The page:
Since early 2012 the BGV Club has been aware of instances of craniomandibular osteopathy in BGVs. Known cases were mainly in GBGV puppies, though a couple had also been reported in PBGVs.
The BGVC Health Sub-Committee has been monitoring the condition in the breed and the Third World Congress at Warwickshire in November 2012 gave the opportunity to make representatives worldwide aware of the problem.
A TALK ON CRANIOMANDIBULAR OSTEOPATHY AT THE THIRD WORLD CONGRESS, WARWICKSHIRE, 2012
WHAT IS CRANIOMANDIBULAR OSTEOPATHY?
Sometimes known as "Lion Jaw", craniomandibular osteopathy (CMO) is a bone disease of growing dogs. There is excessive, abnormal bone growth of the skull and lower Jaw. Irregular enlargement of the affected bones results in extra bone growing on the surface of the lower jaw, making it wider and thicker. It may also affect the jaw joint. In severe cases, the excess bone may prevent the jaw joint from opening and closing normally.
WHAT CAUSES CM0 AND WHICH BREEDS DOES IT AFFECT?
The cause of CMO is unknown. It is neither cancerous nor caused by inflammation. It is an inherited condition known mainly in several terrier breeds, though has been reported in a few other breeds.
WHAT ARE THE SIGNS OF CMO?
The signs of disease usually occur between 4-8 months of age. There is swelling of the jaws, difficulty eating and pain on opening the mouth. Sometimes opening the mouth proves difficult or practically impossible. Dogs may drool and be depressed. Often the body temperature will fluctuate over time, with fever occurring in phases every 10-14 days. In severely affected dogs, the muscles used for chewing may atrophy and there may be swollen glands.
X-rays of affected dogs demonstrate irregular thickenings of the various facial bones. It may be necessary to sedate or lightly anaesthetise the dog to obtain good x-rays, since it is a painful condition and the dog may not lie quietly.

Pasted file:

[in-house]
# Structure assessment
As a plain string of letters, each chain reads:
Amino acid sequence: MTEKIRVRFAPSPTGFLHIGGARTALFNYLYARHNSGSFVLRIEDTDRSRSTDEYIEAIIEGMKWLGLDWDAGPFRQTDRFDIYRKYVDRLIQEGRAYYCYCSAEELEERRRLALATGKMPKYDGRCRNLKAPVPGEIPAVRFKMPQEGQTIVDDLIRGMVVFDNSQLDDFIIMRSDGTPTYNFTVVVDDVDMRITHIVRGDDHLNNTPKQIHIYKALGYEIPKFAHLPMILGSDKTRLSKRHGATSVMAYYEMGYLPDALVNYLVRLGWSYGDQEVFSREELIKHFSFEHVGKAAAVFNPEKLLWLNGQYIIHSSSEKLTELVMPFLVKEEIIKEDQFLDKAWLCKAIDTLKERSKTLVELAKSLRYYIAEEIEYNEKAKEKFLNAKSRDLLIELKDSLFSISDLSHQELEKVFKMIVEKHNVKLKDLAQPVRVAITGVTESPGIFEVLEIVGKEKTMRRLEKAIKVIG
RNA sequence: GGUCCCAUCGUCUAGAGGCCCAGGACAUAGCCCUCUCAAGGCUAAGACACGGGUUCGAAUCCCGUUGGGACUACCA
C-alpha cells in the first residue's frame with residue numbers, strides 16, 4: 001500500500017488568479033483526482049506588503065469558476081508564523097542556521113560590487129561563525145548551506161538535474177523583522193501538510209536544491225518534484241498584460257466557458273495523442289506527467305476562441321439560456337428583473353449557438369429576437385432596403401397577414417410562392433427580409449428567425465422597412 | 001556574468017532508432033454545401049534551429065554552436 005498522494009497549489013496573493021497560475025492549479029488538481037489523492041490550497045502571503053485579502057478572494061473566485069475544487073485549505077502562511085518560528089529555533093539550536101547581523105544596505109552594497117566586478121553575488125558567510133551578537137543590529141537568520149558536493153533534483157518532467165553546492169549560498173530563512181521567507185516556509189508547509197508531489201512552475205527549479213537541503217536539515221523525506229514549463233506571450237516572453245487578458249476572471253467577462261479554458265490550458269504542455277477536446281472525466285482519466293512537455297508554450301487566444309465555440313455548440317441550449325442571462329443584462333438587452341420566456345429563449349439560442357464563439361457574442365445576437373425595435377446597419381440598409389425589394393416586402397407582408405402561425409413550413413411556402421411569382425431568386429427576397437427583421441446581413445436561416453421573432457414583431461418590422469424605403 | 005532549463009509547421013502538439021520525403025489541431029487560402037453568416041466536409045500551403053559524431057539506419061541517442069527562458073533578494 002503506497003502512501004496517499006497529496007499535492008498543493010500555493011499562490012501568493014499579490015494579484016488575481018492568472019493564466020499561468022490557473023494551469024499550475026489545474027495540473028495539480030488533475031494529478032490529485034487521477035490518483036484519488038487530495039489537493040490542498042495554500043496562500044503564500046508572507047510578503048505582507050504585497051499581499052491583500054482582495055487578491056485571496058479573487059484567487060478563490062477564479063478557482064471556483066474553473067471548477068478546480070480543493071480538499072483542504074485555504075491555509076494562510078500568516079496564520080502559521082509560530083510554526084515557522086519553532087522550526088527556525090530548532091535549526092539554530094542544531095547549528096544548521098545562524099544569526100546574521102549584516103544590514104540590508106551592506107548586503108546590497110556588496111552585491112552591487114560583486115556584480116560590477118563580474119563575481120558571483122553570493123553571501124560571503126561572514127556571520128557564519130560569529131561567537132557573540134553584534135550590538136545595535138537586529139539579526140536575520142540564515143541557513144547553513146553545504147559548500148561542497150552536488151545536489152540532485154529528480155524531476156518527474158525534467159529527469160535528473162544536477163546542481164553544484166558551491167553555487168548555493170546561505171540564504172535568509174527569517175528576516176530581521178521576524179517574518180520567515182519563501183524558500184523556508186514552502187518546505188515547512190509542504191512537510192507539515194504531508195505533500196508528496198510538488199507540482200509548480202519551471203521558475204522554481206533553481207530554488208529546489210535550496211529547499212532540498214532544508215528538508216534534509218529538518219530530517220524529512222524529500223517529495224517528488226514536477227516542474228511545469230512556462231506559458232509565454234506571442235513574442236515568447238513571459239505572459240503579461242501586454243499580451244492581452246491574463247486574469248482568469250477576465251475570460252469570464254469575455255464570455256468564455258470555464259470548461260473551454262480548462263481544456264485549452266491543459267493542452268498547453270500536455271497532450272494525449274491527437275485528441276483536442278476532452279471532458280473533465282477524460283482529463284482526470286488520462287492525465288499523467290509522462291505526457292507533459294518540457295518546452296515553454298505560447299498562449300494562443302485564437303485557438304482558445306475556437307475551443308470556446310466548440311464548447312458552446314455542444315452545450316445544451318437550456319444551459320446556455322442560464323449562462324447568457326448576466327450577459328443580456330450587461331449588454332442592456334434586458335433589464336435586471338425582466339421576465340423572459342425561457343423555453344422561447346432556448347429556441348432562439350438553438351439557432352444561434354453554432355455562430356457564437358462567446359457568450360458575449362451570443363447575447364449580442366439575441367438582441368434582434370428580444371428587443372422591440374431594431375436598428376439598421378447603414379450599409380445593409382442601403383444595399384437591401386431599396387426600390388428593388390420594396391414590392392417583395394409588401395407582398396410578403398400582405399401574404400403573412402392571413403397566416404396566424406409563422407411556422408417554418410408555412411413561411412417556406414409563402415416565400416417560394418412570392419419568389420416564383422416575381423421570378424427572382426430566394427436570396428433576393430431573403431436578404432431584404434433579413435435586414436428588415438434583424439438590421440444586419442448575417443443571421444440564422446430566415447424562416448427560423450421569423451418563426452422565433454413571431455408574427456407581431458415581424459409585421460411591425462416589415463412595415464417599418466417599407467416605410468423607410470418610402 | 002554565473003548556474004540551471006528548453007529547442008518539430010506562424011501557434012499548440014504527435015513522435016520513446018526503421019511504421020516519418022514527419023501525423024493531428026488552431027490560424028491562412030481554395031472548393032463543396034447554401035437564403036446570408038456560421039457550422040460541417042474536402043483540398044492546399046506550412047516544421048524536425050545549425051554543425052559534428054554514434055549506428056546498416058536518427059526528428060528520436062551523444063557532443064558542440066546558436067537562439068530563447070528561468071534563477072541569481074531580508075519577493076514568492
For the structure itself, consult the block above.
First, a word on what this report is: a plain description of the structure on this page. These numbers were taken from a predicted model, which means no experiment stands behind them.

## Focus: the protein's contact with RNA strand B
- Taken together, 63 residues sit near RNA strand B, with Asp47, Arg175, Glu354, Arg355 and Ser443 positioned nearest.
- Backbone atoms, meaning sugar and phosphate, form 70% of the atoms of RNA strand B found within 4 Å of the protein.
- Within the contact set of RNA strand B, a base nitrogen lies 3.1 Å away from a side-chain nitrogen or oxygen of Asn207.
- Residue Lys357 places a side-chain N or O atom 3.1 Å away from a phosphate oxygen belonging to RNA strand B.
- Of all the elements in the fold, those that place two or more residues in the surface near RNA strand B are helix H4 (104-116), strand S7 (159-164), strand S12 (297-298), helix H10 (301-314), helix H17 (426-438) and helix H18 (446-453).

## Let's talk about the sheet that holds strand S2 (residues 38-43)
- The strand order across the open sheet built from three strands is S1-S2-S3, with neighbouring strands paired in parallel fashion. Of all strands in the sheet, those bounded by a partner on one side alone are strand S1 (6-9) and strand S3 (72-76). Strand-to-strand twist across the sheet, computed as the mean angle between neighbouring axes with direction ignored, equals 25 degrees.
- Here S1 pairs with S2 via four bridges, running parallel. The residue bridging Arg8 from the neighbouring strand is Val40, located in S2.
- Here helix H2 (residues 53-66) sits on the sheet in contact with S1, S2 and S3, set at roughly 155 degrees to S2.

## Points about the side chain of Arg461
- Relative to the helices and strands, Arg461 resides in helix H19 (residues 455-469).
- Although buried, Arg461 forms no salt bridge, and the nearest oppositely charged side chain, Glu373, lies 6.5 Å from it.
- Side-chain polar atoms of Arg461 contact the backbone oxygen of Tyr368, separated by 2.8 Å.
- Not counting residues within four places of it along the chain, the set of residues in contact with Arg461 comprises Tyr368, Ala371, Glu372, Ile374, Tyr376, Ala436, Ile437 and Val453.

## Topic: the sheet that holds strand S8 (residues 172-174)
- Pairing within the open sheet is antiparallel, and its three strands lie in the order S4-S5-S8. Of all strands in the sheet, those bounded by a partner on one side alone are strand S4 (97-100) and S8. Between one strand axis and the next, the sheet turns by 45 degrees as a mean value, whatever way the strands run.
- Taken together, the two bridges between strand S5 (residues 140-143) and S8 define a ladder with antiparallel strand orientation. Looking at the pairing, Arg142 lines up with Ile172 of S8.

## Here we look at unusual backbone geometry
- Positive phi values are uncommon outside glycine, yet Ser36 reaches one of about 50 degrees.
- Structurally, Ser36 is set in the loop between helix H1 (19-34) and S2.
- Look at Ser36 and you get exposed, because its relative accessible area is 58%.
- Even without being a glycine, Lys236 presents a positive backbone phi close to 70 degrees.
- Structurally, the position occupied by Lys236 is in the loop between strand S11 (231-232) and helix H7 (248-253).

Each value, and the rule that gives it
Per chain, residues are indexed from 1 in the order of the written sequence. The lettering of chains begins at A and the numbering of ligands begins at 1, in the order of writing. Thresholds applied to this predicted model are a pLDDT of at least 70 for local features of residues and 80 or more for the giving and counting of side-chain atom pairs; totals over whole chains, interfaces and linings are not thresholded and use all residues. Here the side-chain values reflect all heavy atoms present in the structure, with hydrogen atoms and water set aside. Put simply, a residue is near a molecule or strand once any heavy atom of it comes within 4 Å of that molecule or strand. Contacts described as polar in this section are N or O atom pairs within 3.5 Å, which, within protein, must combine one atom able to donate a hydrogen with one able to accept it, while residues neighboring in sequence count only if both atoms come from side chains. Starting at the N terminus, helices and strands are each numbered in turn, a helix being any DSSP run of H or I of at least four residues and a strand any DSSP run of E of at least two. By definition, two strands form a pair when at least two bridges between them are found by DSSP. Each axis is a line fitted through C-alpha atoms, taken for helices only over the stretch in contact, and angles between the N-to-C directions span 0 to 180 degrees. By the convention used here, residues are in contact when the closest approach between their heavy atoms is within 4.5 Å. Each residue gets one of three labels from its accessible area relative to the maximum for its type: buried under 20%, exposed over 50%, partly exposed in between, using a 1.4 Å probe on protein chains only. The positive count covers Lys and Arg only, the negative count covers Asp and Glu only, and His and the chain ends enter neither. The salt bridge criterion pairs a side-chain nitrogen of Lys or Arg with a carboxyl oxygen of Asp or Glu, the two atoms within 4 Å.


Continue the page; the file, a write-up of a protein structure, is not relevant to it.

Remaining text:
IS CMO INHERITED?
Although the mode of inheritance is known to be autosomal recessive in West Highland White Terriers, in other breeds including the BGV the mode of inheritance has yet to be determined.
WHAT DOES CMO MEAN TO YOUR BGV AND YOU?
Your puppy may have a swollen and painful lower law, or have trouble opening the mouth or eating, or drool excessively. You may not notice all of these problems continuously; the signs may seem to flare up at times then get better. This disease is "self-limiting." Abnormal bone growth will typically stop and begin to regress by one year of age. So, after your puppy is a year old, the condition will probably not get worse - and should get better. However if there has been severe bone growth, especially involving the jaw joint, the excess bone may not go away on its own. In some cases, particularly if the jaw joint is not working properly, your BGV may need surgery. Your puppy's condition is more serious and the prognosis is guarded if there is excessive bone growth on the base of the skull.
HOW IS CMO DIAGNOSED?
Your vet will diagnose this disease based on physical examination, history and x-rays.
HOW IS CMO TREATED?
There is no treatment to stop the disease from getting worse; it will usually get better as your puppy grows up. Pain can be releived with anti-inflammatory drugs. Your puppy may need surgery in certain severe cases.